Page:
But he did know the word. It was only one, and The Knight repeated it softly amid his frantic gasps again and again.


"No, no, no, no..."


Julio helped The Knight stand up, but when he was on his feet again he was bent at the waist and limping in small circles, impatiently trying to gather himself, looking for the first time absolutely unsure if he would be able to. His voice was watery and uneven, his bulging eyes blinked in feverish bursts and then would stay open for freakishly long, cold pauses.


This frightened Julio in a way the boy hadn't been scared before. For weeks now he had been entirely at the mercy of this crazy old man who, though mad, was a grown up. But now, as Julio watched the old man, he remembered a time when he was very little, looking at the morning sun shining through his window before his Mama had gotten him up for school. He was watching the morning wake up, until he saw a bird fly, head-first, against the window in an explosion of blue feathers. It startled him, but he got up and rushed outside and found the bird flapping in the dirt below his window in nonsense circles; crushed and confused. Julio hadn't thought of the bird since.


Julio didn't know how long this went on. Neither of them had a watch, or anything that could tell them the time with any accuracy except for the sun itself, but it felt to him as though the whole day was passing as The Knight tried to right himself. Julio waited, ready to be helpful if needed but not knowing what he could possibly do to help, so off to the side to give The Knight room to move.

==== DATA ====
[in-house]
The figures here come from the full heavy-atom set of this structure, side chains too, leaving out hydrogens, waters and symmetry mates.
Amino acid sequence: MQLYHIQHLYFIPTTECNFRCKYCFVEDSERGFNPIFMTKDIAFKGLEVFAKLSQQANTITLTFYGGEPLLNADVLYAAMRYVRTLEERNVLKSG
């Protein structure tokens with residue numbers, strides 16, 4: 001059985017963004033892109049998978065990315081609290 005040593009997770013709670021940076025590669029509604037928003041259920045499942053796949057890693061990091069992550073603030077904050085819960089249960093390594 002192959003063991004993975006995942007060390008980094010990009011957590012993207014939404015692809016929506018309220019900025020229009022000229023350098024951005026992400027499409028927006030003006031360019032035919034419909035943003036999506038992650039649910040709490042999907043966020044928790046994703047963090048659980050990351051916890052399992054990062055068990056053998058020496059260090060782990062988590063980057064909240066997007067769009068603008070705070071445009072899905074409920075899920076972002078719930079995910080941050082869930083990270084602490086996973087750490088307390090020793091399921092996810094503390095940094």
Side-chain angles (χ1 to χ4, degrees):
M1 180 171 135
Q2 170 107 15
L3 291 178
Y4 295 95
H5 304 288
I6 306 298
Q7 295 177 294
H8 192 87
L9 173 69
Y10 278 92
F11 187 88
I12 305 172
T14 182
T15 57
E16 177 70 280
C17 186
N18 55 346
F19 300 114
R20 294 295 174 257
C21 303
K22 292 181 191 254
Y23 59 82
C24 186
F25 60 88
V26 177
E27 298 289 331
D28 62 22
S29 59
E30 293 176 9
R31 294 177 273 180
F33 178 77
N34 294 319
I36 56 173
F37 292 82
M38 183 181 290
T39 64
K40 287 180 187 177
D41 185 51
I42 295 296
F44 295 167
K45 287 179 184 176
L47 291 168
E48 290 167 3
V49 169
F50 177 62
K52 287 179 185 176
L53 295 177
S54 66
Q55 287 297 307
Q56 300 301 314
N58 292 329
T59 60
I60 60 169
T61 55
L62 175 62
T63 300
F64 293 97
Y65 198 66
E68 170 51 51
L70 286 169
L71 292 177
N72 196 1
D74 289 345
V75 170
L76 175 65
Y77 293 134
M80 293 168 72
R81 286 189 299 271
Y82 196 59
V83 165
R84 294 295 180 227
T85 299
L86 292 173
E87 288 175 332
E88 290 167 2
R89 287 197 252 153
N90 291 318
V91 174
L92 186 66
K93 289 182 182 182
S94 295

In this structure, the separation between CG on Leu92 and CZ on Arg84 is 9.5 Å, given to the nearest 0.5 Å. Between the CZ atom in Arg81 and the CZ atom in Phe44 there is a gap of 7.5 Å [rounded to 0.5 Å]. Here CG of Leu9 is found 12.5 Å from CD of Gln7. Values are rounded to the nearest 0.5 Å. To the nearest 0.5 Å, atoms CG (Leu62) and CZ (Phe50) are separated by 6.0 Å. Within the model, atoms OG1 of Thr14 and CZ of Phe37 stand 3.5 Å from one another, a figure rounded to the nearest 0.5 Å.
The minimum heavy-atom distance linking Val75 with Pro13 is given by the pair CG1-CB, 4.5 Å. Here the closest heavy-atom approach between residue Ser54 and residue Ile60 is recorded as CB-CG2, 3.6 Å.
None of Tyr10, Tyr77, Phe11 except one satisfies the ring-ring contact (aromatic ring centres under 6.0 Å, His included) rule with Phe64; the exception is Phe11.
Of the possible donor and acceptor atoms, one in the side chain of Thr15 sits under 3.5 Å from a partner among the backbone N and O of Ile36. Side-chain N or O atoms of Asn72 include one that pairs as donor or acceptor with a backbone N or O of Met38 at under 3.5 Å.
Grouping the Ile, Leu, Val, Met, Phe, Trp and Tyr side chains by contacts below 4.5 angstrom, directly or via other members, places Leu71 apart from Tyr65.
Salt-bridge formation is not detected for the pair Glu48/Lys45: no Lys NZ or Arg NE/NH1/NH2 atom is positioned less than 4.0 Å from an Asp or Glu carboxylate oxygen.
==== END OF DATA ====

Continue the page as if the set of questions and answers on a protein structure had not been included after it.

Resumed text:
Until, all of a sudden, The Knight was inexplicably fine. He seemed to overcome the pain somehow, or ignored it, and before Julio could shake the dust out of his cape, The Knight was remounted on the bike and peddling away down the line of electrical towers in the distance. No war cry. No lunatic laughter. No call for the next adventure to begin. Just peddling. And quickly.


The Knight rode ahead of Julio for a long time, so far ahead that Julio thought he might be getting left behind. For a terrible moment, Julio began to cry horrible dry tears as his legs shifted back and forth between jogging and speed walking, careful not to over-work his lungs, frantic with the fear of being stranded and alone in the desert, left to wander in the darkness with only the sound of the electric tower's buzz to guide him. The more Julio thought about it, the more possessed with fear he became and the faster Julio ran to catch up.